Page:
We just had a paper accepted at the Real-Time and Embedded Technology and Applications Symposium (RTAS) in Seattle. The paper is entitled “An Efficient Configuration Methodology for Time-Division Multiplexed Single Resources” and presents an ILP-based methodology to allocate TDM slots to resource clients, such that bandwidth and latency constraints are satisfied while resource utilization is minimized. A heuristic algorithm is furthermore proposed to determine the number of TDM slots in the schedule. This paper is a collaboration both with colleagues here at CTU Prague and with Andrew Nelson from Eindhoven University of Technology.
For the camera-ready version of the paper, please click here.
The notifications from the DATE conference are in and the Memory Team scores 2 out of 2, just like in 2014. The first paper entitled “A Generic, Scalable and Globally Arbitrated Memory Tree for Shared DRAM Access in Real-Time Systems” was first-authored by Manil and is a collaboration with Jamie Garside and Neil Audsley from University of York. The paper proposes a memory interconnect for shared memory architectures in many-core systems. A main architectural feature is that the interconnect is heavily pipelined enabling it to be synthesized at high frequencies even with a large number of clients. Another highlight is that it has global arbitration that can be programmed to behave like several different arbitration mechanisms, such as TDM, CCSP and FBSP.
The second paper “Retention Time Measurements and Modelling of Bit Error Rates of WIDE I/O DRAM in MPSoCs”was first-authored by our colleagues at Kaiserslautern University of Technology in collaboration with Sven Goossens from our Memory Team. This paper looks into the thermal behavior of 3D-stacked WIDE I/O DRAM and compares its impact on retention time and bit error rates to conventional 2D DRAM chips.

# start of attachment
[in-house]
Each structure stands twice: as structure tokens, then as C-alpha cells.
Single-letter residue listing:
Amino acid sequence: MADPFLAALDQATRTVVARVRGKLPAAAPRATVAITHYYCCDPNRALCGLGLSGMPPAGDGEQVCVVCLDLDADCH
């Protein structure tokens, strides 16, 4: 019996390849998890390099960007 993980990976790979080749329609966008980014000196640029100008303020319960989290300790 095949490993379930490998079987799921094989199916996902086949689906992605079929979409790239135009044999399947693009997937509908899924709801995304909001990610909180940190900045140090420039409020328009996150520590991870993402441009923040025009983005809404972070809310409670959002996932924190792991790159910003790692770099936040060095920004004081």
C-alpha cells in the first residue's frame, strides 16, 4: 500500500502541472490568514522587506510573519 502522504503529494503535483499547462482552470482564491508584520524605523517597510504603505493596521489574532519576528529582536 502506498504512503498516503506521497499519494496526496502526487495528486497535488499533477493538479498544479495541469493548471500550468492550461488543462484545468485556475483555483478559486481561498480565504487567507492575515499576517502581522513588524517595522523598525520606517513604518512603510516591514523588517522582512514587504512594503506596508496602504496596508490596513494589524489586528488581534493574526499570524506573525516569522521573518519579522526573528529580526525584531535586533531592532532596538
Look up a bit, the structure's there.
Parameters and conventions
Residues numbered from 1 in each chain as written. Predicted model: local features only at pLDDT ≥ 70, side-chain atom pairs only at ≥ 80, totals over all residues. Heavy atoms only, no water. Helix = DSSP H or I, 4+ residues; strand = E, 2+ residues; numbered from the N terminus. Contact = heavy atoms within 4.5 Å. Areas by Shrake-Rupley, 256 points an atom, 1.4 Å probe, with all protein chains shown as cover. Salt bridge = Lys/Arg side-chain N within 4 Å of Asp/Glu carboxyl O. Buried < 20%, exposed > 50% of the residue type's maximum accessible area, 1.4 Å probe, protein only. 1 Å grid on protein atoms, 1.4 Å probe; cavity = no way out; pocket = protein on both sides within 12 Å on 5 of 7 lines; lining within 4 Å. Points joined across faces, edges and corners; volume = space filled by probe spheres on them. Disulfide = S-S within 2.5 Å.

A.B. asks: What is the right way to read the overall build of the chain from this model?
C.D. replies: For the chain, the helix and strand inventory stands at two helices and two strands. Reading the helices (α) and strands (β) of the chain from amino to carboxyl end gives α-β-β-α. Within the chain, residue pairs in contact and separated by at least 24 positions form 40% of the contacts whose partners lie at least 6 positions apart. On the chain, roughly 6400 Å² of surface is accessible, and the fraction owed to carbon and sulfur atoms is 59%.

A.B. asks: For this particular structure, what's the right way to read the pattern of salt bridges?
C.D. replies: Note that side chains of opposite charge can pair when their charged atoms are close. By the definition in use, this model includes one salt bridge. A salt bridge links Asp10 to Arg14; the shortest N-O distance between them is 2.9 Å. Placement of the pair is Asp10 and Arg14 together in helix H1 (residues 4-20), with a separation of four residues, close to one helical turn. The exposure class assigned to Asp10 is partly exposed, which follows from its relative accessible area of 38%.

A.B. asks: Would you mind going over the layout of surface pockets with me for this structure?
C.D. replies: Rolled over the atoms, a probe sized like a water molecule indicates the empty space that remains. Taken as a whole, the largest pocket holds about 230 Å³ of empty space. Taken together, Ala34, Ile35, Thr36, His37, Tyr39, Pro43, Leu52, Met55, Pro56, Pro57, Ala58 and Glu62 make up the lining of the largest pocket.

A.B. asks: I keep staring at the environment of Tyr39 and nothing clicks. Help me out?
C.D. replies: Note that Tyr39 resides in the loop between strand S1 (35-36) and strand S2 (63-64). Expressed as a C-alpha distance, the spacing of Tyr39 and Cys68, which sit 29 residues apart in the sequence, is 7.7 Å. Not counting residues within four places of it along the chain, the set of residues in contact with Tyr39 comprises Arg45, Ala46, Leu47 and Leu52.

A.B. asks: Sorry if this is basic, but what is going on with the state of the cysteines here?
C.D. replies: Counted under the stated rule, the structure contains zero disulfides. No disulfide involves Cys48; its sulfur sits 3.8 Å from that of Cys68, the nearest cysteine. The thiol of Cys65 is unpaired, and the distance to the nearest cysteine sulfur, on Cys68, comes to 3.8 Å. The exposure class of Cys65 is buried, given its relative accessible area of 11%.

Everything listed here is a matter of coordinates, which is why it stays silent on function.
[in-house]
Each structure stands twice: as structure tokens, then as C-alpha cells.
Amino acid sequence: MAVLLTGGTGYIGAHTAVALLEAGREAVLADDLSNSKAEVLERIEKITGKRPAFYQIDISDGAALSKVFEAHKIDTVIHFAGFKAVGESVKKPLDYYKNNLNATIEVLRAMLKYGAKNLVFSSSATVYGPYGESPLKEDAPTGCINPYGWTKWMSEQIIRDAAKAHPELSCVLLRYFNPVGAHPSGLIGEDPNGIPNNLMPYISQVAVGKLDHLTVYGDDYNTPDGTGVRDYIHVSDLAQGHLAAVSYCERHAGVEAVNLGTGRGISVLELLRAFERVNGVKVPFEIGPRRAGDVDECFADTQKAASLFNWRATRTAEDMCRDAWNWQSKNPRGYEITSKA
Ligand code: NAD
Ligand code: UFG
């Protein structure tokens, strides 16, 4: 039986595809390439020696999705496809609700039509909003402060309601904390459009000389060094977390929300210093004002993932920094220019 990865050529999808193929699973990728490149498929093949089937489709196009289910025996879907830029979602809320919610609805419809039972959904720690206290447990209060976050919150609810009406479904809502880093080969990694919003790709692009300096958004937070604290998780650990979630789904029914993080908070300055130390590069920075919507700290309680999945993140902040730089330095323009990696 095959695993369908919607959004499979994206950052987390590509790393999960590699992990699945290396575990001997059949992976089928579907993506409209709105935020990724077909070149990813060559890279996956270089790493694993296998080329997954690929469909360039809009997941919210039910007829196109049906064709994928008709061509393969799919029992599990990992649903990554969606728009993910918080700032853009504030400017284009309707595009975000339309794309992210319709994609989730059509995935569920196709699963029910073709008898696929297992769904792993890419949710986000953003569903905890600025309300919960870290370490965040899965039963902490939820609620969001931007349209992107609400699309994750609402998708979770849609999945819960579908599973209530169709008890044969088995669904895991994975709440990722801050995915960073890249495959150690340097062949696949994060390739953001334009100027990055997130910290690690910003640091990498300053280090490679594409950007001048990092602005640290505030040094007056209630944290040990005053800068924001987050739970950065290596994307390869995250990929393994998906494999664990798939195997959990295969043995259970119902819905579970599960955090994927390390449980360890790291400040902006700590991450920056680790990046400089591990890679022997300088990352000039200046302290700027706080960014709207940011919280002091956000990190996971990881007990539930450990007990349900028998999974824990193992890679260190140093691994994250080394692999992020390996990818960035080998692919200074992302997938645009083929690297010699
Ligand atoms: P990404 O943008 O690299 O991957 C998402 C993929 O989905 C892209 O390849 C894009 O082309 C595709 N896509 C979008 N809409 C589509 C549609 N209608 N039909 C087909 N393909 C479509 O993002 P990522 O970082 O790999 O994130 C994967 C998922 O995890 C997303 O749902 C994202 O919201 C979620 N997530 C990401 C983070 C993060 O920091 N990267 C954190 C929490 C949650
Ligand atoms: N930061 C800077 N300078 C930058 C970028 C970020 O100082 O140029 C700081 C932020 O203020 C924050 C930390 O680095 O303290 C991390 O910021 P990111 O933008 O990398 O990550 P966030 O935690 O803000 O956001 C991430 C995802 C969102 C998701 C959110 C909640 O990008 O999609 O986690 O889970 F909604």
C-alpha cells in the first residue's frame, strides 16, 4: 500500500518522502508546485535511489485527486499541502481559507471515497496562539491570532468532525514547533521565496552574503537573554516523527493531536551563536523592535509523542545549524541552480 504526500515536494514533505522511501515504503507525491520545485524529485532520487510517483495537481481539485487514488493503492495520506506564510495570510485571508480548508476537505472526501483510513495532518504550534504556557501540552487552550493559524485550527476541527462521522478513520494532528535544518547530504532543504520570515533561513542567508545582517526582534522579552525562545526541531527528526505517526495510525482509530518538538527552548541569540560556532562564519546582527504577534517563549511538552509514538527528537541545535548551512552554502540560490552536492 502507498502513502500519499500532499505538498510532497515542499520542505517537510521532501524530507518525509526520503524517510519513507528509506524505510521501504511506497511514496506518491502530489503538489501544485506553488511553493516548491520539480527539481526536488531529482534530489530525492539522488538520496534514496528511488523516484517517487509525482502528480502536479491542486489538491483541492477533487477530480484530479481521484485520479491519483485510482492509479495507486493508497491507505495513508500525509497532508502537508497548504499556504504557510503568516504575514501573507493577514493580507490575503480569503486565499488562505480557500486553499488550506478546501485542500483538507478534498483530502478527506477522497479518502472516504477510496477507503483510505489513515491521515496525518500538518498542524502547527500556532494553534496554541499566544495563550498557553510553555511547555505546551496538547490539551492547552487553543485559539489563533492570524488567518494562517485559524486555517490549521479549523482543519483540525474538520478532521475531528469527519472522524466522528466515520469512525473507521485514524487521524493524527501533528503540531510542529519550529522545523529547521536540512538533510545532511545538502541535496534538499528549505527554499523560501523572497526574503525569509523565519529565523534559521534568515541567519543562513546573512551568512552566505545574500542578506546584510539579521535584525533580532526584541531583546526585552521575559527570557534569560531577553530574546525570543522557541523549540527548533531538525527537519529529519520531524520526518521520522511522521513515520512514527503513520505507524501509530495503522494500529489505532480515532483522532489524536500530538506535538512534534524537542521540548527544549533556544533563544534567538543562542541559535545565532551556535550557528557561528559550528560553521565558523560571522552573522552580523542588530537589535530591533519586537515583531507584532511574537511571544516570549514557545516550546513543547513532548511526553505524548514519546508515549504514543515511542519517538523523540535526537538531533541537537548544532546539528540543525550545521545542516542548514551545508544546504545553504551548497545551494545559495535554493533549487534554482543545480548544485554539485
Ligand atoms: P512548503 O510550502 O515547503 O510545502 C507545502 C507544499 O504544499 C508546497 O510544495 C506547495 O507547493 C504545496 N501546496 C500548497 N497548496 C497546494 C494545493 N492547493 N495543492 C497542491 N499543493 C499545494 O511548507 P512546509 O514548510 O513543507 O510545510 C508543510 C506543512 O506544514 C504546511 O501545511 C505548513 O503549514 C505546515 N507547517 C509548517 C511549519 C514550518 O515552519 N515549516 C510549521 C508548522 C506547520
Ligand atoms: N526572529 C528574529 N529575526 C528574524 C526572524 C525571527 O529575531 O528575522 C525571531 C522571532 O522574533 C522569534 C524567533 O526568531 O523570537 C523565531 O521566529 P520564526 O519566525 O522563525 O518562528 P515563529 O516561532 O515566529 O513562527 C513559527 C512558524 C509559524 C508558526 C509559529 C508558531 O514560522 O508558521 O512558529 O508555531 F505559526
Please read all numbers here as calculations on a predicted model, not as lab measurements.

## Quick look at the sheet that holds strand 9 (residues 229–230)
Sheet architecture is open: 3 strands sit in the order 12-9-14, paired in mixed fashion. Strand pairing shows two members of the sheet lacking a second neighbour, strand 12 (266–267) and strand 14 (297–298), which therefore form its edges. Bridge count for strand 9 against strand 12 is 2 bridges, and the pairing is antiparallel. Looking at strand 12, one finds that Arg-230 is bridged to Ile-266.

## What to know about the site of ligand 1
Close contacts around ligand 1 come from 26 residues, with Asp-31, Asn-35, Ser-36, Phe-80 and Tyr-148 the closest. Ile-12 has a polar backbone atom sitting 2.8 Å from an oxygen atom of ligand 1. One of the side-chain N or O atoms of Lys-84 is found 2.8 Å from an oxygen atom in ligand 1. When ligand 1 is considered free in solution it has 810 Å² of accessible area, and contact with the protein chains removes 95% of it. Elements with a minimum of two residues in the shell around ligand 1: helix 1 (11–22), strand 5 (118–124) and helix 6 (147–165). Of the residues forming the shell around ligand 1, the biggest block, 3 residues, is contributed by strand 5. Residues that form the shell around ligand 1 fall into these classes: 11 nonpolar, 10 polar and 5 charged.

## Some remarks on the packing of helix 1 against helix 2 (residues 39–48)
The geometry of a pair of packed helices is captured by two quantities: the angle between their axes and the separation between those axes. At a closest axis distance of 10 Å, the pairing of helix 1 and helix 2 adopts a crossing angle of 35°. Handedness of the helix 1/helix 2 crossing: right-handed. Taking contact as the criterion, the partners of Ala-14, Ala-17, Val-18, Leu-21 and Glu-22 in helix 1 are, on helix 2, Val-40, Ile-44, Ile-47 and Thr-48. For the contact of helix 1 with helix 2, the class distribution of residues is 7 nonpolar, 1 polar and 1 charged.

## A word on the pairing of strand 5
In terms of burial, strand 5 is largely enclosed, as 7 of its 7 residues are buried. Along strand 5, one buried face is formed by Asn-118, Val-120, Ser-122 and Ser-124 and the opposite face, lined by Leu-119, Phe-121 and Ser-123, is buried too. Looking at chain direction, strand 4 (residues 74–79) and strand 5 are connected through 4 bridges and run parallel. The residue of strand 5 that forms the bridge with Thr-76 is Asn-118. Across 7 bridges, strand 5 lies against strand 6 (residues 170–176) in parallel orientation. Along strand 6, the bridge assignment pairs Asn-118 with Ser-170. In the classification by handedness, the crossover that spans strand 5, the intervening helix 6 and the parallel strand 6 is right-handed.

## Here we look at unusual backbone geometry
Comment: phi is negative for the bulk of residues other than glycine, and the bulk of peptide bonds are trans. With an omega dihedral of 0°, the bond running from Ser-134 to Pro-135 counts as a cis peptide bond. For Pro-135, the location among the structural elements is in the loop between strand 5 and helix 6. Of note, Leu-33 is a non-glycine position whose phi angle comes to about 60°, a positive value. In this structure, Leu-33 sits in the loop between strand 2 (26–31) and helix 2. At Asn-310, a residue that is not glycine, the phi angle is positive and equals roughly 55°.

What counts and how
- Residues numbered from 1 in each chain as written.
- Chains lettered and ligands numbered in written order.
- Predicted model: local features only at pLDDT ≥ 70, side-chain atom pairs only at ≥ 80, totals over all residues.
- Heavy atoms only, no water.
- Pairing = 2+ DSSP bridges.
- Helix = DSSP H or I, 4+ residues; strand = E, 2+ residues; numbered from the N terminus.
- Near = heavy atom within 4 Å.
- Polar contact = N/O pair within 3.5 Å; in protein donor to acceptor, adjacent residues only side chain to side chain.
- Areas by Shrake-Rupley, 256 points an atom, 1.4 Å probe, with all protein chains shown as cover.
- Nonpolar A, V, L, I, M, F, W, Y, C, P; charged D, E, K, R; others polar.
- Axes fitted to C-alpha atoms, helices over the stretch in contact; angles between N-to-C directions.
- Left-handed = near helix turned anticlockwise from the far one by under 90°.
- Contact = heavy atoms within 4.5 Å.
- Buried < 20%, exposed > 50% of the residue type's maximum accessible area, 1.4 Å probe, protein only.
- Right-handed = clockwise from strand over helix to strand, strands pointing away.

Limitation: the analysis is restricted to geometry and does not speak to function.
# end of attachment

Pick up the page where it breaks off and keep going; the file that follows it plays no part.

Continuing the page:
A new version of the DRAMPower tool has been released. The two main features of version 4 are:
- DRAMPower can now be compiled as a library. This enables a user to access the tool through an API and log commands and their corresponding time stamps, removing the need to store large command traces on disk. The key benefit of this feature is that users can easily integrate DRAMPower into their own memory controller simulators and obtain power and energy consumption estimates. In fact, this version of DRAMPower is already integrated into the memory controller of the gem5 simulator system and is provided with the latest release.
- Improved robustness. The latest build is checked out every night on a test server, compiled, and tested to verify that the output matches an expected reference for a battery of tests. The code is also compiled with a large number of warning flags enabled and treats all warnings as errors. This feature makes it easier for the community to reliably contribute to the tool, which is now possible through github.
Check it out the new version of DRAMPower here.
Manil Dev Gomony just had his first journal article accepted in ACM Transactions on Embedded Computing Systems. The article is entitled “A Real-Time Multi-Channel Memory Controller and Optimal Mapping of Memory Clients to Memory Channels” and is an extension of his DATE paper from 2013, which was the first paper to provide architectures and techniques for multi-channel memory controllers in real-time systems.
The two main contributions of the article are: 1) A configurable real-time multi-channel memory controller architecture with a novel method for logical-to-physical address translation. 2) Two design-time methods to map memory clients to the memory channels, one an optimal algorithm based on an integer programming formulation of the mapping problem, and the other a fast heuristic algorithm. The mapping algorithms are experimentally evaluated, showing benefits over two state-of-the-art mapping algorithms. Finally, a case study is presented that demonstrates how to configure a Wide IO DRAM in a High-Definition (HD) video and graphics processing system to emphasize the practical applicability and effectiveness of the work.